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Rio Tinto's billion-dollar mess: 'unprincipled, shameful and evil'

The abandoned Panguna mineDANIEL FLITTON | Fairfax Media | Extracts

Read the complete article here

THE gaping hole carved into mountains was at one point the world's largest open-cut copper mine.

Right on Australia's doorstep, it delivered riches beyond imagining and a mess big enough to tear a country apart.

This controversial pit became the flashpoint for a bitter civil war in Papua New Guinea in the 1990s that cost as many as 20,000 lives.

Now, 27 years after the war forced the closure of the Panguna mine on the island of Bougainville, resources giant Rio Tinto has finally made the decision to cut its losses and walk away.

In a decision slammed as "remarkably unprincipled, shameful and evil", the mining giant has also side-stepped demands for a billion-dollar clean up.

Furious local leaders on Bougainville – struggling for cash and contemplating forming an independent nation – are threatening an international campaign to shame the company into making a contribution.

But they also want Australia – as the former colonial power responsible for authorising the mine – to contribute to a special fund to repair rivers poisoned by toxic sludge and compensate the people who lost their homes.

"It would be a big amount of money that would be required to restore as much as possible the damaged environment and relocated villages," John Momis, president of Bougainville's autonomous government, told Fairfax Media.

"Probably a billion dollars. Nobody really knows, but that would be about the amount of money required."

Rio Tinto has refused. Correspondence obtained by Fairfax shows the dual London-Melbourne listed giant insisting it has no responsibility for environmental or other consequences from the mine.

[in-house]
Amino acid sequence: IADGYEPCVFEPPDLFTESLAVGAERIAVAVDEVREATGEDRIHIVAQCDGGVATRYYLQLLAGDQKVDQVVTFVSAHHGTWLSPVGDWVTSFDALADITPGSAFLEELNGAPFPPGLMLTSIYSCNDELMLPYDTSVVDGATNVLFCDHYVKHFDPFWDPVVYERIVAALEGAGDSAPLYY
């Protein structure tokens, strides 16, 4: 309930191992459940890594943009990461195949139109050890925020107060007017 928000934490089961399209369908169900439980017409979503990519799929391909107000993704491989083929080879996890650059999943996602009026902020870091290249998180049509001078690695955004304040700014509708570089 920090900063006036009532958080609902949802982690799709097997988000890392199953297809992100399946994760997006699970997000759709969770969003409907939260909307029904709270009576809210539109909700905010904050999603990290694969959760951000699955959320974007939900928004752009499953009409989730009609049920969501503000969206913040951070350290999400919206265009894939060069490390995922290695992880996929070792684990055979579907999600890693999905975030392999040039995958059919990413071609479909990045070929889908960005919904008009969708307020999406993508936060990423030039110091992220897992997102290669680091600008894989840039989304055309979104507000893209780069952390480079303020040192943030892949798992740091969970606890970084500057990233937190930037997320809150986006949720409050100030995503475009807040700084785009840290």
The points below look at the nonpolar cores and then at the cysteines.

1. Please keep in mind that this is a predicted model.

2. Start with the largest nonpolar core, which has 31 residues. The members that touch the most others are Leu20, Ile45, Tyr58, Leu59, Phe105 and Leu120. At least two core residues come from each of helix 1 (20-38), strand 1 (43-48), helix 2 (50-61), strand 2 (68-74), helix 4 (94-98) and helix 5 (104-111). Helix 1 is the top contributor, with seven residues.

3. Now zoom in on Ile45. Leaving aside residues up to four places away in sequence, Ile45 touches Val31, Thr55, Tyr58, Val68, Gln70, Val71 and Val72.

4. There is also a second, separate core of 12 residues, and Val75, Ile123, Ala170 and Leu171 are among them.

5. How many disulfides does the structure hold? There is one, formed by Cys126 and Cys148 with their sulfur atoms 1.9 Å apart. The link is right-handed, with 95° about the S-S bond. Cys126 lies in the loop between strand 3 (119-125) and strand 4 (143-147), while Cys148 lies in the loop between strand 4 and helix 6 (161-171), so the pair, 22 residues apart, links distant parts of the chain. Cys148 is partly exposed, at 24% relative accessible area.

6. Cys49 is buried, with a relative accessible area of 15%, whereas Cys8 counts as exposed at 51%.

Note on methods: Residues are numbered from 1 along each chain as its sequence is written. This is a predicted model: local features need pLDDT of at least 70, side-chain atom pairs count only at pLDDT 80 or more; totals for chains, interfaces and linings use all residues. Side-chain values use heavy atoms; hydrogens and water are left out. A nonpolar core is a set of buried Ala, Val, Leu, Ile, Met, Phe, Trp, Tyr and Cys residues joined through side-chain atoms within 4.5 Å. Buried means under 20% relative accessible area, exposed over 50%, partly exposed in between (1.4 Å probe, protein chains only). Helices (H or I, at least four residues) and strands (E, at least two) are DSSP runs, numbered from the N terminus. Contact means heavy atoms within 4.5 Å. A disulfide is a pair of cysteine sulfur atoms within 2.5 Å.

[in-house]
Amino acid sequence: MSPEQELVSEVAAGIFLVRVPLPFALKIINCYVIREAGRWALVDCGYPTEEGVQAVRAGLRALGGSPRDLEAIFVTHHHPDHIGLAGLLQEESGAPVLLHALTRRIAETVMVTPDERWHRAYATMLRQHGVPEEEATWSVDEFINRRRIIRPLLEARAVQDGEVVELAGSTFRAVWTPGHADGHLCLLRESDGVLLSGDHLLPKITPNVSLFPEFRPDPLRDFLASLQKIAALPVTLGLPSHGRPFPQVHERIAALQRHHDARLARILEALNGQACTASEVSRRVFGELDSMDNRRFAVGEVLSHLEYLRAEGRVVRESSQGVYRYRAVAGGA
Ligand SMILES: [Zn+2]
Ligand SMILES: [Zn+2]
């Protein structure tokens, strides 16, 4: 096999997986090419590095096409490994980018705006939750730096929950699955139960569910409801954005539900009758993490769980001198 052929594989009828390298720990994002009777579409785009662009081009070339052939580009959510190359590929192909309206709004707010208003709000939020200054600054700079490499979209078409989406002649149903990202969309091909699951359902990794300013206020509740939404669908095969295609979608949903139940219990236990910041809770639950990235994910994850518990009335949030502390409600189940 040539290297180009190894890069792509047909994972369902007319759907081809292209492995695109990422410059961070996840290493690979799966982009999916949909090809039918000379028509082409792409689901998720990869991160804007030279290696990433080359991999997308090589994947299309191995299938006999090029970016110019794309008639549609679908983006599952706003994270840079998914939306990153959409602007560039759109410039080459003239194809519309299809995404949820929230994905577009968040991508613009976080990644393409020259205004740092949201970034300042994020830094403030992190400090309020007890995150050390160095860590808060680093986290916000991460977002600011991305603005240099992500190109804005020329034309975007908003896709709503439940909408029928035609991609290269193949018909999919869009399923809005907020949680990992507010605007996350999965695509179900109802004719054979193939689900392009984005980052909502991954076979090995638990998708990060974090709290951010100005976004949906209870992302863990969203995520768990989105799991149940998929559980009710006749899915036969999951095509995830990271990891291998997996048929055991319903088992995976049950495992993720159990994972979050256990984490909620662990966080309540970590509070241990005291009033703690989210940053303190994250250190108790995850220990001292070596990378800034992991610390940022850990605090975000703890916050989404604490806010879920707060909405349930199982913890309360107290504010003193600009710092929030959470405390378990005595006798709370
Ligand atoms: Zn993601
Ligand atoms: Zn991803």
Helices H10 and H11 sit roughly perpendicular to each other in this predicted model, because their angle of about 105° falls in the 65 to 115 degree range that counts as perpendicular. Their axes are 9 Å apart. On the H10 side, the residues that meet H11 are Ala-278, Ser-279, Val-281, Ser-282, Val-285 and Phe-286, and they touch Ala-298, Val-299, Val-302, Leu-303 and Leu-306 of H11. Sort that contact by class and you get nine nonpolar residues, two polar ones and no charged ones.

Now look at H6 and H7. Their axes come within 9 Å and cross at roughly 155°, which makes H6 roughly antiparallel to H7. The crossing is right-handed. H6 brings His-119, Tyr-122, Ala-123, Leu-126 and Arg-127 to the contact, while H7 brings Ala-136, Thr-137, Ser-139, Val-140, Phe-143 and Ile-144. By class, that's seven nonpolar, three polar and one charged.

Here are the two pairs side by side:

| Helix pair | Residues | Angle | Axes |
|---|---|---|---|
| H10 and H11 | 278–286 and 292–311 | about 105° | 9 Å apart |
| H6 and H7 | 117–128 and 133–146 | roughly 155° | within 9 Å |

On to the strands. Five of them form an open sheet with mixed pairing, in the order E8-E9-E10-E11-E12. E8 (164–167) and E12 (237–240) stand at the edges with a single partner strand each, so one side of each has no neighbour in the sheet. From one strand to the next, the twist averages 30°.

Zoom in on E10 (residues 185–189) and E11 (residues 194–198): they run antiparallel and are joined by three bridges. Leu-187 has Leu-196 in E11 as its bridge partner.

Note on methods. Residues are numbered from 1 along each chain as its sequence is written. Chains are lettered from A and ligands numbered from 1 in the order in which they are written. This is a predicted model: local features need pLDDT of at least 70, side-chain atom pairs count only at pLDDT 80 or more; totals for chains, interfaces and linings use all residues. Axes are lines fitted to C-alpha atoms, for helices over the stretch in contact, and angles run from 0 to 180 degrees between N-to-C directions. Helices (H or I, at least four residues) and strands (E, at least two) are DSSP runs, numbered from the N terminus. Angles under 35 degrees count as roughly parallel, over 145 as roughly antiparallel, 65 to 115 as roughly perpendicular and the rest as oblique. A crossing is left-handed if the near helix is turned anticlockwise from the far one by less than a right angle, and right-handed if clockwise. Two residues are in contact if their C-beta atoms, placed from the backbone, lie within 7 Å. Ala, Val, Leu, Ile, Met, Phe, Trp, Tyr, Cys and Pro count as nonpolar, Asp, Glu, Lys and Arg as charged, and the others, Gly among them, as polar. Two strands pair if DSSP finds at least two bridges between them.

"We believe that [the company] was fully compliant will all regulatory requirements and applicable standards at the time," Rio Tinto executive Joanne Farrell wrote to Dr Momis on August 6.

Dr Momis said Rio Tinto must take responsibility for the mess it left behind, and has challenged the company over its claims of corporate social responsibility.

"They justify their position by saying they operated under PNG law, although everybody knows the people of Bougainville never accepted [that] PNG law was a just law," the Bougainville president said.

"When Rio walks away like this, the resource owners are left high and dry for no fault of their own. They are now going to be left with this hugely destroyed environment."

"It is a major disaster which the people of Bougainville do not deserve


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Teebee Aure

The PNG government under Peter O'Neill said a bigger portion of the shares will be given back to Bougainville. It won't work out.

A similar thing happened to Ok Tedi mining and they are running into a financial crisis to continue operations now.

Study the memorandum of understanding carefully before signing. Bougainvilleans underwent bloodshed to reclaim their land.

Peter Sandery

Once again, with the caveat that I have never set foot on Bougainville, may I suggest that the quid pro quo of any opening of the Panguna mine by a reputable company would be the chance to prospect the other sections of the mine's surrounds and adjacent areas on the island - the area is supposed to be highly prospective for minerals.

Philip Fitzpatrick

This seems to be standard practice for mining companies. BHP walked away from Ok Tedi after poisoning the Ok Tedi, Ok Mart and Fly Rivers.

There are hundreds of abandoned and un-rehabilitated mines all over Australia where the mining companies have walked away. Most of them are toxic and the clean-up bill, when and if they are ever re-habilitated, is invariably carried by the taxpayer.

And who pays most of Australia's taxes? The little people of course, lower and middle income earners, the big companies employ smart lawyers and accountants so as to avoid paying tax.

Both PNG and Australia have governments that are in the palms of big business. I wouldn't hold my breath about Panguna ever being re-habilitated.

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